Introduction The family of an elderly woman named Ruth McKinley face many challenges. The McKinley family believes the only option in terms of meeting their needs is to place Ruth McKinley in hospice care. Although Stanley, Marcia, and Bethany share a great affection toward Ruth, because of many factors in their lives, they are unable to provide the care she needs for the sake of her well-being.
Developmental Perspective One of the biggest caregivers in Ruth’s family is her granddaughter, Bethany, who is 25 years old. By focusing on the developmental perspective, it is important to note the changes in Bethany’s behavior as she has cared for her grandmother. Hutchinson (2015) acknowledges that developmental markers are “typically associated with young adulthood: education/work, intimate relationships, leaving home and starting a career” (p.59). Whereas, Bethany remains in young adulthood, yet she is taking on the responsibility to care for her grandmother, which according to the developmental perspective should be later in her life.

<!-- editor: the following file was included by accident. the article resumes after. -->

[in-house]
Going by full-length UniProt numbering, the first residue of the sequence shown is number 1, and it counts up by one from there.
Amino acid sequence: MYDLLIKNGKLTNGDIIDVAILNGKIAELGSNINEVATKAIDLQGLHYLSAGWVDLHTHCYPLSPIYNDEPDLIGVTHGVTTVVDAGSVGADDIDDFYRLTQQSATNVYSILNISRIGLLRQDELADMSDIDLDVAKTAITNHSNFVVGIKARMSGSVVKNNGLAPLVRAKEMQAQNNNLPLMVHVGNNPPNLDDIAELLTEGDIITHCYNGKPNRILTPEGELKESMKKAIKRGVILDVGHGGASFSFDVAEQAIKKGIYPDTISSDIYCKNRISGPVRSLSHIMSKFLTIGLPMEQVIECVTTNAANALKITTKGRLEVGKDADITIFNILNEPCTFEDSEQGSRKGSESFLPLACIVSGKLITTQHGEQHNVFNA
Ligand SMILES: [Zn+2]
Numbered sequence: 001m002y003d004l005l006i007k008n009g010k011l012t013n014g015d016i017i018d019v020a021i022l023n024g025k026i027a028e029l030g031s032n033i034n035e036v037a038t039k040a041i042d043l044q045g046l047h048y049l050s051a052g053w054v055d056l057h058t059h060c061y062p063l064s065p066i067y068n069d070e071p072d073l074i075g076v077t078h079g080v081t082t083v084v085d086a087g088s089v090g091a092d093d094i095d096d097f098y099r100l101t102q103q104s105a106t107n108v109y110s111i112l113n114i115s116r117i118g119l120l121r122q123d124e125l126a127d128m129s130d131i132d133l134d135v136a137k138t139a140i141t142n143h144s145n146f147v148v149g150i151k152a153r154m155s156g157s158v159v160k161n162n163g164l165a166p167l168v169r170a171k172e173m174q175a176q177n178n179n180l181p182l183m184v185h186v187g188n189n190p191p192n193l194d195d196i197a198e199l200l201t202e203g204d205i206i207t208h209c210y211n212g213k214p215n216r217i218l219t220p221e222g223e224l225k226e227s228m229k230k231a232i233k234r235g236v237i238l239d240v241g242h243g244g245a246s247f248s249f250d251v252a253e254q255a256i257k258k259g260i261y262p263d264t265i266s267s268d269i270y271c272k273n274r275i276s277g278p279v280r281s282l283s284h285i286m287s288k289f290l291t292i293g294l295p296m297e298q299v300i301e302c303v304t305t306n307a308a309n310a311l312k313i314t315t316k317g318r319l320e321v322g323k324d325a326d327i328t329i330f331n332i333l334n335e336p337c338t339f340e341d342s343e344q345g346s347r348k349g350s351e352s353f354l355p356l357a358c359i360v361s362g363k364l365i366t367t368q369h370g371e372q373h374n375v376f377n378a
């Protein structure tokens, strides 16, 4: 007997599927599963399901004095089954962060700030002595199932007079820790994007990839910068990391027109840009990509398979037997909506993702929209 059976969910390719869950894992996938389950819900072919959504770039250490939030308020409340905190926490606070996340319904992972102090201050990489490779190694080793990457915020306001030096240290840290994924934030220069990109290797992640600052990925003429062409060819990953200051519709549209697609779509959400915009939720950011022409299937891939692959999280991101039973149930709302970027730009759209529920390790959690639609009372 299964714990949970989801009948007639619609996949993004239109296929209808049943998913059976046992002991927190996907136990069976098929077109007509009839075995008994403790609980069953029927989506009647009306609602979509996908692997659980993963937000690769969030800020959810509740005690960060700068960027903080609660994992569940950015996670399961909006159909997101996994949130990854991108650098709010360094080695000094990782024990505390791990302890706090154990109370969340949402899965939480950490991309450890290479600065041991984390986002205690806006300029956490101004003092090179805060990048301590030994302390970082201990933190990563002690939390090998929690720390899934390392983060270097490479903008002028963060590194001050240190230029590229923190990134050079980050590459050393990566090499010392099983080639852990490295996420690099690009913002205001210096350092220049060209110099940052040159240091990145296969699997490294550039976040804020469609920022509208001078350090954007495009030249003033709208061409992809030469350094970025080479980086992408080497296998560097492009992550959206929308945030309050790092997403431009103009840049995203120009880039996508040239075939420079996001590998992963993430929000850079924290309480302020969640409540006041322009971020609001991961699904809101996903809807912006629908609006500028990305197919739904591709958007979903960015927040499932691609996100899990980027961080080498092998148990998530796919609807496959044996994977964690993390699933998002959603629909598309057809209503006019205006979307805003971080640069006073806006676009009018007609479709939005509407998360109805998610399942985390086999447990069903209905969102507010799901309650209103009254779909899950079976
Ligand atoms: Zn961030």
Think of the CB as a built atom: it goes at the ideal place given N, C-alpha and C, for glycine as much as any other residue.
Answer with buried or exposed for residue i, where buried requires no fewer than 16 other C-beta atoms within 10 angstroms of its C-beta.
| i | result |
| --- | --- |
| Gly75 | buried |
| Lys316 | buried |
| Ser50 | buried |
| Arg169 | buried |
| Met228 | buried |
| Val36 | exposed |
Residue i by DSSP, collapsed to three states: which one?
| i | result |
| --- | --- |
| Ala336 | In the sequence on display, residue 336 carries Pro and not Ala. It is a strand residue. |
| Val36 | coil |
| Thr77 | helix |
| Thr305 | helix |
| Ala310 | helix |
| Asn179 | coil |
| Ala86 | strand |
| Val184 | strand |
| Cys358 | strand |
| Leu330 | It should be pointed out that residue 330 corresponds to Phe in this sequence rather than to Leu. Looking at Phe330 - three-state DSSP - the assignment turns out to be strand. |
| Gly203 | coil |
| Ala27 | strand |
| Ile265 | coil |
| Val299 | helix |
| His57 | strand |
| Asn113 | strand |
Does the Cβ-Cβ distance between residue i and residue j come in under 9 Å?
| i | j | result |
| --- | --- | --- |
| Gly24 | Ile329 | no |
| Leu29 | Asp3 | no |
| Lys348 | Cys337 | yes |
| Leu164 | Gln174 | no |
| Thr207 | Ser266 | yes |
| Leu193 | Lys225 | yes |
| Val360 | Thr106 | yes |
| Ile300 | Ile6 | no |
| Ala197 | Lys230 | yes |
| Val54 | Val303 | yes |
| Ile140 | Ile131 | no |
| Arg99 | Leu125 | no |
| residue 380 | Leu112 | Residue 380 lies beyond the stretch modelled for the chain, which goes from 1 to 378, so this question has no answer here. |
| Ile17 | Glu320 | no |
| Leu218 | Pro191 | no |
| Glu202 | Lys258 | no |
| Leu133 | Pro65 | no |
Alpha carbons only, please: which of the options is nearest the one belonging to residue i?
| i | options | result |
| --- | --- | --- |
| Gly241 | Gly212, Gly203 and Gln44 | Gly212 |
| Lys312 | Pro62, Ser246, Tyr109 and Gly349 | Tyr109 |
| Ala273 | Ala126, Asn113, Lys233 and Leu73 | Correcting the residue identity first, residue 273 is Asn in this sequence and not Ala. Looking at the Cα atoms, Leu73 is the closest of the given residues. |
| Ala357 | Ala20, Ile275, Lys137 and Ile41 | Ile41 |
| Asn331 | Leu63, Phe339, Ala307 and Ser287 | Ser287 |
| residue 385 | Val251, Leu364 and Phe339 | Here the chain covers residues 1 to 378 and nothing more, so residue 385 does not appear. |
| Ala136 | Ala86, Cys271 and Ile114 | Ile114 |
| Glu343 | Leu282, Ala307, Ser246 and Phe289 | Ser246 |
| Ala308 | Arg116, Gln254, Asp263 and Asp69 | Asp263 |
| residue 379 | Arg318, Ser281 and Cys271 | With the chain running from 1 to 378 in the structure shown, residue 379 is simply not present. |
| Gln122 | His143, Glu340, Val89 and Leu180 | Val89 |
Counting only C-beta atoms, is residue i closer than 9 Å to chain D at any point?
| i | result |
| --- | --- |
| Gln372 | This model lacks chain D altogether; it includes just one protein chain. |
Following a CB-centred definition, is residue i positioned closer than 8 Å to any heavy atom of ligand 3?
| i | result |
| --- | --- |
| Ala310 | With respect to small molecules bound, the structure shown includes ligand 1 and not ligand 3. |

Life Span Theory According to Hutchinson (2015), the life span theory “focuses on the inner life during age-related stages” (p.60). In reference to this theory, Bethany is considering postponing her education in order to take on the role to care for her family. Therefore, Erickson would not have considered Bethany to be in the appropriate stage in her life. She should be on stage six of her life, exploring intimacy versus isolation. Not to